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‘Brexit hasn’t happened yet’ for law firms, says Society

By Jemma Slingo >>

Covid lockdowns have delayed the full impact of Brexit on the legal sector, the Law Society has warned, as international travel tentatively begins to open up.

Marco Cillario, an international policy adviser at the Law Society, said that ‘the process of understanding what Brexit actually means has been slower than it would have been if people had been travelling’.

‘In many respects for the sector, Brexit hasn’t happened yet. Some firms have had to make arrangements for their European offices but, when it comes to individual lawyers travelling, we don’t know the full extent of how the end of freedom of movement will impact the sector practically. It’s likely that it will have a huge impact.’

Jonathan Goldsmith, a Law Society Council member for EU matters, said that younger lawyers are more likely to be affected than those with established practices in Europe. ‘The people who are going to lose out are the younger generation, the people who are not based in the country but who would like to work there, who would like to have a European practice.’

Most of the lawyers who had already settled in Europe ‘were able to make their own arrangements to ensure that they stayed on without too much problem,’ Goldsmith added. However, he stressed that the position for solicitors based in Britain with a European practice is far less straighforward.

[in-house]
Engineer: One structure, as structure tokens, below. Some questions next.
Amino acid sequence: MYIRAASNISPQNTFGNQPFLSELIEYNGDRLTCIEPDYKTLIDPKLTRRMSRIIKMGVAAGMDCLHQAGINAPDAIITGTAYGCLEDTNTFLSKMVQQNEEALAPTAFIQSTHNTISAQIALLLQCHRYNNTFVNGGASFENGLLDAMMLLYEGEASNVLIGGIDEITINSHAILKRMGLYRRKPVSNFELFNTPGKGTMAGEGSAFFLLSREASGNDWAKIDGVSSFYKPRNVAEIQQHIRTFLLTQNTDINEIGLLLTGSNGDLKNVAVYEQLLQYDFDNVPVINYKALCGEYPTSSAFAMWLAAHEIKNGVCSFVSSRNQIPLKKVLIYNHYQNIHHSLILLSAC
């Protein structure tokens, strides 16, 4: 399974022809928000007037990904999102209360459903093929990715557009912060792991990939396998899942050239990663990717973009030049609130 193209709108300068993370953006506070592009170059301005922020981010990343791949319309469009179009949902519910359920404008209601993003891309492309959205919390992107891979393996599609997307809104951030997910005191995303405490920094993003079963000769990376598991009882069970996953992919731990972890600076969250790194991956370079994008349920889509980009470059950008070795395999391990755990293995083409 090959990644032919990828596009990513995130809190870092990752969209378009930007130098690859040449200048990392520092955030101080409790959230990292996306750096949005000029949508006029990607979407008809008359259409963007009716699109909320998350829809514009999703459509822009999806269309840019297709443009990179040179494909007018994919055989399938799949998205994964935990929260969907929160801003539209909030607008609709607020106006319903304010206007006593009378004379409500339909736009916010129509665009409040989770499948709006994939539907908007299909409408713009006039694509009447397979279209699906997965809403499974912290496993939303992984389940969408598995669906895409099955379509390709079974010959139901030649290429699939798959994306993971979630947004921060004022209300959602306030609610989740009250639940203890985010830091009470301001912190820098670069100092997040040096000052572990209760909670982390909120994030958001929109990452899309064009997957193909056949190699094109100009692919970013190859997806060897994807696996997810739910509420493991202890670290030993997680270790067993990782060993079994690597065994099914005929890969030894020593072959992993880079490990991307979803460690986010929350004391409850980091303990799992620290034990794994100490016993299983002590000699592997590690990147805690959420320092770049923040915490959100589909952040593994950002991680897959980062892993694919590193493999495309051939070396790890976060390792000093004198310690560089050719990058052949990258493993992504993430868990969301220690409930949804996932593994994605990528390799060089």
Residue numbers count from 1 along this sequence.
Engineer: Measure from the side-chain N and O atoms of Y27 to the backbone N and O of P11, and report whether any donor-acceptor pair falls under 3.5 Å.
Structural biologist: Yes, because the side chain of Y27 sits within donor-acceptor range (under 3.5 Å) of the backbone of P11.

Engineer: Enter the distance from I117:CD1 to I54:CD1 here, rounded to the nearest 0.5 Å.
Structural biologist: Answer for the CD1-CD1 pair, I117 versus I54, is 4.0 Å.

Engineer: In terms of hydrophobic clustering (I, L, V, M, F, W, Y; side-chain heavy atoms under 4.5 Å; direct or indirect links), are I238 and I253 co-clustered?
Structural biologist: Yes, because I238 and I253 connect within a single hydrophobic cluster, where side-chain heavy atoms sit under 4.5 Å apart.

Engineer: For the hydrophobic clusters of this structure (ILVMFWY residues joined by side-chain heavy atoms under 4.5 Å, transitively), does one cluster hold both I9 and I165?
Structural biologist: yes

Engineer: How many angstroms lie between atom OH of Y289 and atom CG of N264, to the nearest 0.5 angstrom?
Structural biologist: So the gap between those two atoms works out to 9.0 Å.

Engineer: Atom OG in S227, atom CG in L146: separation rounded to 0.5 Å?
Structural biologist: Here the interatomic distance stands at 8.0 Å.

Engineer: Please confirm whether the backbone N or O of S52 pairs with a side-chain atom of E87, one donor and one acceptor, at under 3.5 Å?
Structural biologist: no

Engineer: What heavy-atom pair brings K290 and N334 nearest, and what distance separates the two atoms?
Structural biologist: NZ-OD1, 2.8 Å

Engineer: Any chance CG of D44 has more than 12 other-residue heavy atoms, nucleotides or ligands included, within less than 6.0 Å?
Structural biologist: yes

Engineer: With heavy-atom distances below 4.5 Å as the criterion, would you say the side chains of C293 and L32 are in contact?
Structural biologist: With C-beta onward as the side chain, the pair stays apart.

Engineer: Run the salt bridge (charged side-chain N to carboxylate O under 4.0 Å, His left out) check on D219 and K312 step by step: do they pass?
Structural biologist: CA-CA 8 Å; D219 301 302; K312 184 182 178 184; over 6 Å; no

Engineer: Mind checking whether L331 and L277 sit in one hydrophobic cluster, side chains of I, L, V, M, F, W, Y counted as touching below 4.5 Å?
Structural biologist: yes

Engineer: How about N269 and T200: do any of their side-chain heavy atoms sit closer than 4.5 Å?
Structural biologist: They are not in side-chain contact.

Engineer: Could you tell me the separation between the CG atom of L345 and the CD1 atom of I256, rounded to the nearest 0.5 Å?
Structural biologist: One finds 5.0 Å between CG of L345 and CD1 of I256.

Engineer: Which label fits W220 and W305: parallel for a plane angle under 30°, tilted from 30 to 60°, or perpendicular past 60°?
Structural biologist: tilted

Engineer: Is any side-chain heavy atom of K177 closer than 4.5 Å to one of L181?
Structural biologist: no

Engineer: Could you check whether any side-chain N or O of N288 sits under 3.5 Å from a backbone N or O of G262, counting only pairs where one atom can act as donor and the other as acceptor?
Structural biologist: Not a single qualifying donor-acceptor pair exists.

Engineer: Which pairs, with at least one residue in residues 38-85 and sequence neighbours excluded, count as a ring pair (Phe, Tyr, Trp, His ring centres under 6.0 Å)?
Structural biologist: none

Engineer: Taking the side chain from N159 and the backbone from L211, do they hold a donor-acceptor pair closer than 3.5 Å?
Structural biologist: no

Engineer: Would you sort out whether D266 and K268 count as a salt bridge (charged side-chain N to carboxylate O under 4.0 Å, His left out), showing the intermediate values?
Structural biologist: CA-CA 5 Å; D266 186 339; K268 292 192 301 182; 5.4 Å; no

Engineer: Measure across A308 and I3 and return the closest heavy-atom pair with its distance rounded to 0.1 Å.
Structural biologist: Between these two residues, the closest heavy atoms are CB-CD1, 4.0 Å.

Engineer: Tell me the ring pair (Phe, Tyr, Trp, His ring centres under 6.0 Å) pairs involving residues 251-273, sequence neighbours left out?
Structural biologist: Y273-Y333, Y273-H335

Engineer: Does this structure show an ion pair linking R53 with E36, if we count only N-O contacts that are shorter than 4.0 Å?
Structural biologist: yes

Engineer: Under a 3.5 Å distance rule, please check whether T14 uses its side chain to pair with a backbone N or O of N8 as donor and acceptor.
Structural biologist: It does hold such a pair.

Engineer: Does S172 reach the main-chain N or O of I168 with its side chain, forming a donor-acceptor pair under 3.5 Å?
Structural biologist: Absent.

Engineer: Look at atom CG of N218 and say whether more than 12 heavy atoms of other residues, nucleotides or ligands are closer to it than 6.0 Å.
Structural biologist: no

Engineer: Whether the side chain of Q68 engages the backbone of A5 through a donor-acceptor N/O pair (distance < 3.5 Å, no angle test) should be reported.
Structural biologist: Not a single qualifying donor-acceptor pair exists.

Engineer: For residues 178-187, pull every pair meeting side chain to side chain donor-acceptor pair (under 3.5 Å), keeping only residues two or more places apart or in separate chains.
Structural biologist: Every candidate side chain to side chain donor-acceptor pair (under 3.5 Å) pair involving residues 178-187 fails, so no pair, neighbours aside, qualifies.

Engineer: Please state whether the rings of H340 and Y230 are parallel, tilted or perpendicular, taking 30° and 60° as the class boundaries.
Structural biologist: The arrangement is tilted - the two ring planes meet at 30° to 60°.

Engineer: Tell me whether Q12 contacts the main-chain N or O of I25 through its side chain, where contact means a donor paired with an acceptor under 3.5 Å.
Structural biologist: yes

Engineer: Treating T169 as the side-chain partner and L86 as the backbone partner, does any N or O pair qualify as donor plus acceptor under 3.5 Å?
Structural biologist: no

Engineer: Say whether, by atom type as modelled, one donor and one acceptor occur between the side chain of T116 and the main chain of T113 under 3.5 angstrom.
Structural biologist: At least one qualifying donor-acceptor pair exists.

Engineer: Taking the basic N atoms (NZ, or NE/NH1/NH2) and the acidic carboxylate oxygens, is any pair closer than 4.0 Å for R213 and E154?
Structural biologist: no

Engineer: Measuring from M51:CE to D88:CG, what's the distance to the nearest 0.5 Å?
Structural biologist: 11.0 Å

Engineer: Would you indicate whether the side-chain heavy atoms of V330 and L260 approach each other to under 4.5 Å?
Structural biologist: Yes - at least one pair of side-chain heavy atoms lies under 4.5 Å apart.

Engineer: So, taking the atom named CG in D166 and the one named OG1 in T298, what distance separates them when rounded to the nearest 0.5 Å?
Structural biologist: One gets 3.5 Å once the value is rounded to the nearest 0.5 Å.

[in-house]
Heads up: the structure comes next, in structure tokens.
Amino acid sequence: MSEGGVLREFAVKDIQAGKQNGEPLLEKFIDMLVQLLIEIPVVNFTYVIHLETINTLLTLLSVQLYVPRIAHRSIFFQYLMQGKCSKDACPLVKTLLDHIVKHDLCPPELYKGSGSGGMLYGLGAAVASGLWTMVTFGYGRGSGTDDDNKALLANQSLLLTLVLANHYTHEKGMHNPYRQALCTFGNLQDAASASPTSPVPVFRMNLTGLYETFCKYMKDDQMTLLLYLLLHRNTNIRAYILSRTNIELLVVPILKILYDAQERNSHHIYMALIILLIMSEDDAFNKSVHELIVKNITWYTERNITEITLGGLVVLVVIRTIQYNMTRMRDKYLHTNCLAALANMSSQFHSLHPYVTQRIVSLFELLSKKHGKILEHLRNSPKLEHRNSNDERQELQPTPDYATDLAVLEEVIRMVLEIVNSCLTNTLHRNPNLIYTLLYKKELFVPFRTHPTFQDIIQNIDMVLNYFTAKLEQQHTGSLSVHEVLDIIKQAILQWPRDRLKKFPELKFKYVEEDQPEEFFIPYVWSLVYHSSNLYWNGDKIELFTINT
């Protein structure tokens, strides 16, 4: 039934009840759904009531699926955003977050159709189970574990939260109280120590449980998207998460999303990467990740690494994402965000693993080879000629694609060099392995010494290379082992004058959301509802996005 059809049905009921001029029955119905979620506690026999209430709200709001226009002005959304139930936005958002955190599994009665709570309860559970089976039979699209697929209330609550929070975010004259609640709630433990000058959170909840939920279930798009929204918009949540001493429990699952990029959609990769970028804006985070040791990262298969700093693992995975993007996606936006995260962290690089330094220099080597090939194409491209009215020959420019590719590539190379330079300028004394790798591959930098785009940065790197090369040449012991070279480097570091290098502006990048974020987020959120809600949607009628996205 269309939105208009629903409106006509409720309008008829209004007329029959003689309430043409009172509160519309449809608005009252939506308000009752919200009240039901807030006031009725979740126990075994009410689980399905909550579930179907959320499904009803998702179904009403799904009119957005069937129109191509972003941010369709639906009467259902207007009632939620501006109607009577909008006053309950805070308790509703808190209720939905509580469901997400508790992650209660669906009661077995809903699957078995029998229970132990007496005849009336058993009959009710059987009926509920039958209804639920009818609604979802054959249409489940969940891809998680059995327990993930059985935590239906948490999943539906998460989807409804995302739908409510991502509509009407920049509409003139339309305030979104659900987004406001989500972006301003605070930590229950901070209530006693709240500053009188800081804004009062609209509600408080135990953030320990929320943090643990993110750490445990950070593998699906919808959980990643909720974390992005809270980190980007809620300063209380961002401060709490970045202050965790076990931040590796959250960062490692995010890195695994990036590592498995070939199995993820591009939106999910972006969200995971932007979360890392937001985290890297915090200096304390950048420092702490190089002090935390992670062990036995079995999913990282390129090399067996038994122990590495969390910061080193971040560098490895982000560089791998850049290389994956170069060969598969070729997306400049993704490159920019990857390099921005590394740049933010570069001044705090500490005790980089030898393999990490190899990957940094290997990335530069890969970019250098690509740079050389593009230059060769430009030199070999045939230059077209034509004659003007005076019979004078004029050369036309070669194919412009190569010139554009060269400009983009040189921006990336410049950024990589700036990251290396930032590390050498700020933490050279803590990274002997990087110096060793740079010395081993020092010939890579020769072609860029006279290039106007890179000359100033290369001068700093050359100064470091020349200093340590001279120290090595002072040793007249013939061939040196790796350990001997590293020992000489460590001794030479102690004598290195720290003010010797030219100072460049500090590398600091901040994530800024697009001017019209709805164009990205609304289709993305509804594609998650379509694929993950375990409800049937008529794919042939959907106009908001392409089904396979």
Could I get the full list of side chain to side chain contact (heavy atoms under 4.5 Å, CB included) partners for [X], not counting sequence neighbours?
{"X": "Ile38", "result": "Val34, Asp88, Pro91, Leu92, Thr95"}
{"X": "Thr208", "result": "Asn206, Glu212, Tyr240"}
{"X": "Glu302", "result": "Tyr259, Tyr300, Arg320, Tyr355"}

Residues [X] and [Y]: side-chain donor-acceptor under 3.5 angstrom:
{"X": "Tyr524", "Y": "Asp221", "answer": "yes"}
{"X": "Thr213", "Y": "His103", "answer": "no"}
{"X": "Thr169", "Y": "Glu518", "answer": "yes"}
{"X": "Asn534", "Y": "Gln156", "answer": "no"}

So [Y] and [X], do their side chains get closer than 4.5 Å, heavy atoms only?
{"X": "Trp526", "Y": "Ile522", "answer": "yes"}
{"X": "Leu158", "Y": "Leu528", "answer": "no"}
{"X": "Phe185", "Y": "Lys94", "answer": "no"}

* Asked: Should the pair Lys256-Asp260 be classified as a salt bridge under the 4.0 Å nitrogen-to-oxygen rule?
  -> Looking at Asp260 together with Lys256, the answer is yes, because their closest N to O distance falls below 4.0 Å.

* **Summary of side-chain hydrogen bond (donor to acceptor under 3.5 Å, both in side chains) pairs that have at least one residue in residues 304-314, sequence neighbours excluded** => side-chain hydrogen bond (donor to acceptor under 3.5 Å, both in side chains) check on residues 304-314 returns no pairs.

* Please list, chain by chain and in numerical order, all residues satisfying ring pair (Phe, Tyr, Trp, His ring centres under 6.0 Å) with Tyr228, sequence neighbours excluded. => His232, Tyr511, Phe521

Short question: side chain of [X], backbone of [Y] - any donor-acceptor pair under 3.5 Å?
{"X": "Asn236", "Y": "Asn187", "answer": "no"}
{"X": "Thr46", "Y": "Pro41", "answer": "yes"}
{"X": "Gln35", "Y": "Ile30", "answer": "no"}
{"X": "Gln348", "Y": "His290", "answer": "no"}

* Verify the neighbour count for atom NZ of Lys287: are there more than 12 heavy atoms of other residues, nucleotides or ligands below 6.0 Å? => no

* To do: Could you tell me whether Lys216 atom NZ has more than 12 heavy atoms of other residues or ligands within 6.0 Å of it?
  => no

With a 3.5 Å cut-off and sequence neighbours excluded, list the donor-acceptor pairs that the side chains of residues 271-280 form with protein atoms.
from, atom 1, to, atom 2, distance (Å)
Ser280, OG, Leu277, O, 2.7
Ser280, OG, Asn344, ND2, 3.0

Last month, the Law Society published extensive guidance for solicitors travelling to the EU on business following the end of the Brexit transition period on 31 December 2020. It says that firms should consider immigration requirements, their practising rights depending on the relevant regulatory framework, and taxation and costs before attempting to work abroad.

However, many questions remain unanswered. One issue that is likely to come to a head is around Irish practising certificates. In November, the Law Society of Ireland announced that solicitors will not be entitled to Irish practising certificates unless they have a presence in the republic, thwarting the plans of England and Wales-qualified solicitors who invested in Irish certificates in order to protect their EU practising rights.

The practising rights of solicitors who have qualified in Ireland but who have not taken out a practising certificate remain unclear.

Some progress has been made. In May, France confirmed that UK solicitors based in Paris can continue advising on English and international law in the wake of Brexit as ‘foreign legal consultants’. Meanwhile, recent legislative reform in Germany promises to help UK LLPs continue to operate in the country.

(Courtesy: The Law Society Gazette)